The UCSF School of Medicine recognized graduating student Nathaniel "Nat" Gleason with the prestigious Gold-Headed Cane Award, at its commencement ceremony on May 19.
Tradition deems that the cane is presented by someone who received it in the past. This year, the award was presented by Kevin Grumbach, MD, professor and chair of the Department of Family and Community Medicine, who received it in 1985. Each year, the cane is presented to a senior medical student who has been selected by classmates as being the most representative of a true physician. "It's especially meaningful receiving this honor from Dr. Grumbach, whom I've looked to for inspiration over the years," said Gleason. "He's a leader in the field of primary care reform and advocacy." Gleason, who is legally blind, will continue his training at UCSF - his first residency program match choice. He plans to practice general medicine. Many schools I applied to said, "If you can't use a microscope, you can't come,'" recounted Gleason. "The UCSF School of Medicine said, 'If you can't use a microscope, we'll make bigger photographs of the histology and microbiology slides. They were completely unfazed by the whole idea of having a blind medical student." Gleason was recently featured on CBS's Channel 5. While he says he is reserved by nature, he felt it was important to get the message out about what a person with a visual impairment can achieve. Gleason devoted a significant amount of time at UCSF to his advocacy efforts. For five years, Gleason served as a member of the Chancellor's Advisory Committee on Disability Issues (CACDI). With the support of committee members, he developed and presented extensive curriculum addressing how to care for patients with disabilities. Linda Centore, RN, PhD, clinical professor in the Division of Behavioral Sciences, Professionalism & Ethics, serves as chair of CACDI. Centore also was recently appointed chair of the UCSF School of Dentistry Diversity Committee. "Nat has made a significant contribution to the CACDI with his novel and incisive ideas pushing us forward to consider new ways to implement disability awareness training for health care professionals," said Centore. "His warmth, enthusiasm, and relentless energy will clearly benefit his future patients." Gleason points to the broader diversity of UCSF as a reason why he chose to continue his training here. "I think that above all else, UCSF draws really extraordinary people," said Gleason. "We all know that it's not the most resource-rich school and it doesn't have the greatest facilities, but I think great people attract other great people - and that's UCSF." Gleason begins the next phase of his training, an internal medicine residency, on May 21. "It's humbling to see the outstanding qualities of graduating students, as exemplified by Nat Gleason," said Grumbach. "It shows the future of medicine is in good hands." Photo/Elisabeth Fall Related Links: Graduates urged to "change the world"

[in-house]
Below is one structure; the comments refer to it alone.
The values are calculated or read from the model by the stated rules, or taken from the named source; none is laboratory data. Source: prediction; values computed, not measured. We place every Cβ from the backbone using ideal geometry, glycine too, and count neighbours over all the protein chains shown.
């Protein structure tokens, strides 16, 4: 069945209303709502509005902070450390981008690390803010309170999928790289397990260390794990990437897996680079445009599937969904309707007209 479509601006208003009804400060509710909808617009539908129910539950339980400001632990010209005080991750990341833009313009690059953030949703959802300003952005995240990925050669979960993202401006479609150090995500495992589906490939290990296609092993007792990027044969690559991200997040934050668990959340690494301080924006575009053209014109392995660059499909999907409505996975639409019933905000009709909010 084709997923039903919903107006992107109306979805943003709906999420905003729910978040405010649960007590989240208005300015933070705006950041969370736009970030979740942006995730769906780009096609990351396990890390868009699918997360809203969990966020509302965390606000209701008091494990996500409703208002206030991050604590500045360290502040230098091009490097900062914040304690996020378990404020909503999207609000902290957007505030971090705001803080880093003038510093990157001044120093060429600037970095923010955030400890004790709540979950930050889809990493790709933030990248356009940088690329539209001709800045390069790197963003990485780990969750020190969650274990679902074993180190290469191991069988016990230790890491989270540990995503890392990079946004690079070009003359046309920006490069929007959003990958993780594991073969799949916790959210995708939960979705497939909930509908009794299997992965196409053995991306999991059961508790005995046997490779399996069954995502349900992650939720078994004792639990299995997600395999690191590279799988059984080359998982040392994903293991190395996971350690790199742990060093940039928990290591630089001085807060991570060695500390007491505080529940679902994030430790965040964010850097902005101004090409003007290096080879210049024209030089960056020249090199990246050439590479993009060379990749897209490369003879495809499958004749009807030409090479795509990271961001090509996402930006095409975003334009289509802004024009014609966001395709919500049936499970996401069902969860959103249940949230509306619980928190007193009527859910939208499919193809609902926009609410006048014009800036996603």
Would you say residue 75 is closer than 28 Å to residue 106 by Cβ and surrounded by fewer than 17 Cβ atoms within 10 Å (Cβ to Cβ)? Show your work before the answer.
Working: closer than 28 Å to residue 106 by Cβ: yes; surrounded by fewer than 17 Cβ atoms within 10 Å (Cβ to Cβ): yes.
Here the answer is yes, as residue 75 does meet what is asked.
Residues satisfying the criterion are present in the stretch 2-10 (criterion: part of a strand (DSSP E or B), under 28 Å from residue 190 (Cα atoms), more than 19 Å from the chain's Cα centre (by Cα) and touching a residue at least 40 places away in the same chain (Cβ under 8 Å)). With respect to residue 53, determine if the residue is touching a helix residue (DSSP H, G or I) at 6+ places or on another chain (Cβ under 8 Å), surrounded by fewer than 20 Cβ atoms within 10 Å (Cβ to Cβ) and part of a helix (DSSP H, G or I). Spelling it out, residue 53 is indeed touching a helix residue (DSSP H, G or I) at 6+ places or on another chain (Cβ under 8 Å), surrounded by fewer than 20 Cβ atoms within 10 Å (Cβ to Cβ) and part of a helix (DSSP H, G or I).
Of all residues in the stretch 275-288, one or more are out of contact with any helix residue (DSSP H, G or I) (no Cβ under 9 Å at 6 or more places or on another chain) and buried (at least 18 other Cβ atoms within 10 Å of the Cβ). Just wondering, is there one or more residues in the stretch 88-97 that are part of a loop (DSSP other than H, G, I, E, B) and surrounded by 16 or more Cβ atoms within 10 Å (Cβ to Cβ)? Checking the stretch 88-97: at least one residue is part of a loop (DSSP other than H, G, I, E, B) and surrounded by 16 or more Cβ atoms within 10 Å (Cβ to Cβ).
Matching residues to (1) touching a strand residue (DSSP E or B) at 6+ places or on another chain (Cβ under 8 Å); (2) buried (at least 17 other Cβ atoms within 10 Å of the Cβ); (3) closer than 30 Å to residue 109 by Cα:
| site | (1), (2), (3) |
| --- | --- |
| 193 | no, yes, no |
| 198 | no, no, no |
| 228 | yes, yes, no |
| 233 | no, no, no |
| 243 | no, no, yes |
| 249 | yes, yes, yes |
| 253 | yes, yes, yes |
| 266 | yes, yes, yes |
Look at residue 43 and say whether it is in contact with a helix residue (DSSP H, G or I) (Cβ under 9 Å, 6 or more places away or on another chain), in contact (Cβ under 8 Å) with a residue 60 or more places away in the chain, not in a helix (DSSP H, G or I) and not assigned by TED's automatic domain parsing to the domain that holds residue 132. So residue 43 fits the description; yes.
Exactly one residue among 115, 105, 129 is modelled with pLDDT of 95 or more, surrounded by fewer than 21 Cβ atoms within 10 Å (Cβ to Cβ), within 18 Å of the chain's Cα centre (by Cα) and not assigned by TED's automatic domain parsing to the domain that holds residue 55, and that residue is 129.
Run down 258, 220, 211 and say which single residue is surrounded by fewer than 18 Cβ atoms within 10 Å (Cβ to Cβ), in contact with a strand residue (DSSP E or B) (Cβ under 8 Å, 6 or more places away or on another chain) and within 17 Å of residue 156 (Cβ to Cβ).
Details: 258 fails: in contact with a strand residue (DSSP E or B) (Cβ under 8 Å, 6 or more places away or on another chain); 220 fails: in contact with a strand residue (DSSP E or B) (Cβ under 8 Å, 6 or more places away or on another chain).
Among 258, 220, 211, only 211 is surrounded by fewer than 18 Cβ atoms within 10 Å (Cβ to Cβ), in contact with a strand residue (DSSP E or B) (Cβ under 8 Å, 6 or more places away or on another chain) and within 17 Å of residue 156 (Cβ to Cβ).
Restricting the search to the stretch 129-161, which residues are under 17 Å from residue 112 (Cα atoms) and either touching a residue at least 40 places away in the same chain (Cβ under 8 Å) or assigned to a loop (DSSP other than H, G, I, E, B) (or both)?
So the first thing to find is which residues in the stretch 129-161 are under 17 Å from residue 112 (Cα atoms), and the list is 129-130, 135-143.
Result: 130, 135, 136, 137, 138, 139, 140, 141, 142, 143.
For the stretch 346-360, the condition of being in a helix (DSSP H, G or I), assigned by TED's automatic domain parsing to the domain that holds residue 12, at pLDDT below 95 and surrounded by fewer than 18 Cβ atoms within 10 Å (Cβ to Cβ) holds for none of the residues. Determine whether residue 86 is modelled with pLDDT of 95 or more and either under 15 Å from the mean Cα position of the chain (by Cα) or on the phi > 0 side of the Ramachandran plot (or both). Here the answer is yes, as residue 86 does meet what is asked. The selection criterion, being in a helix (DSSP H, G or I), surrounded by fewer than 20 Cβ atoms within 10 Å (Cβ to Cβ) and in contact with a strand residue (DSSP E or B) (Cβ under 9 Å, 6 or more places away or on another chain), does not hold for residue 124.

UCSF School of Medicine, May 22, 2008 CBS Channel 5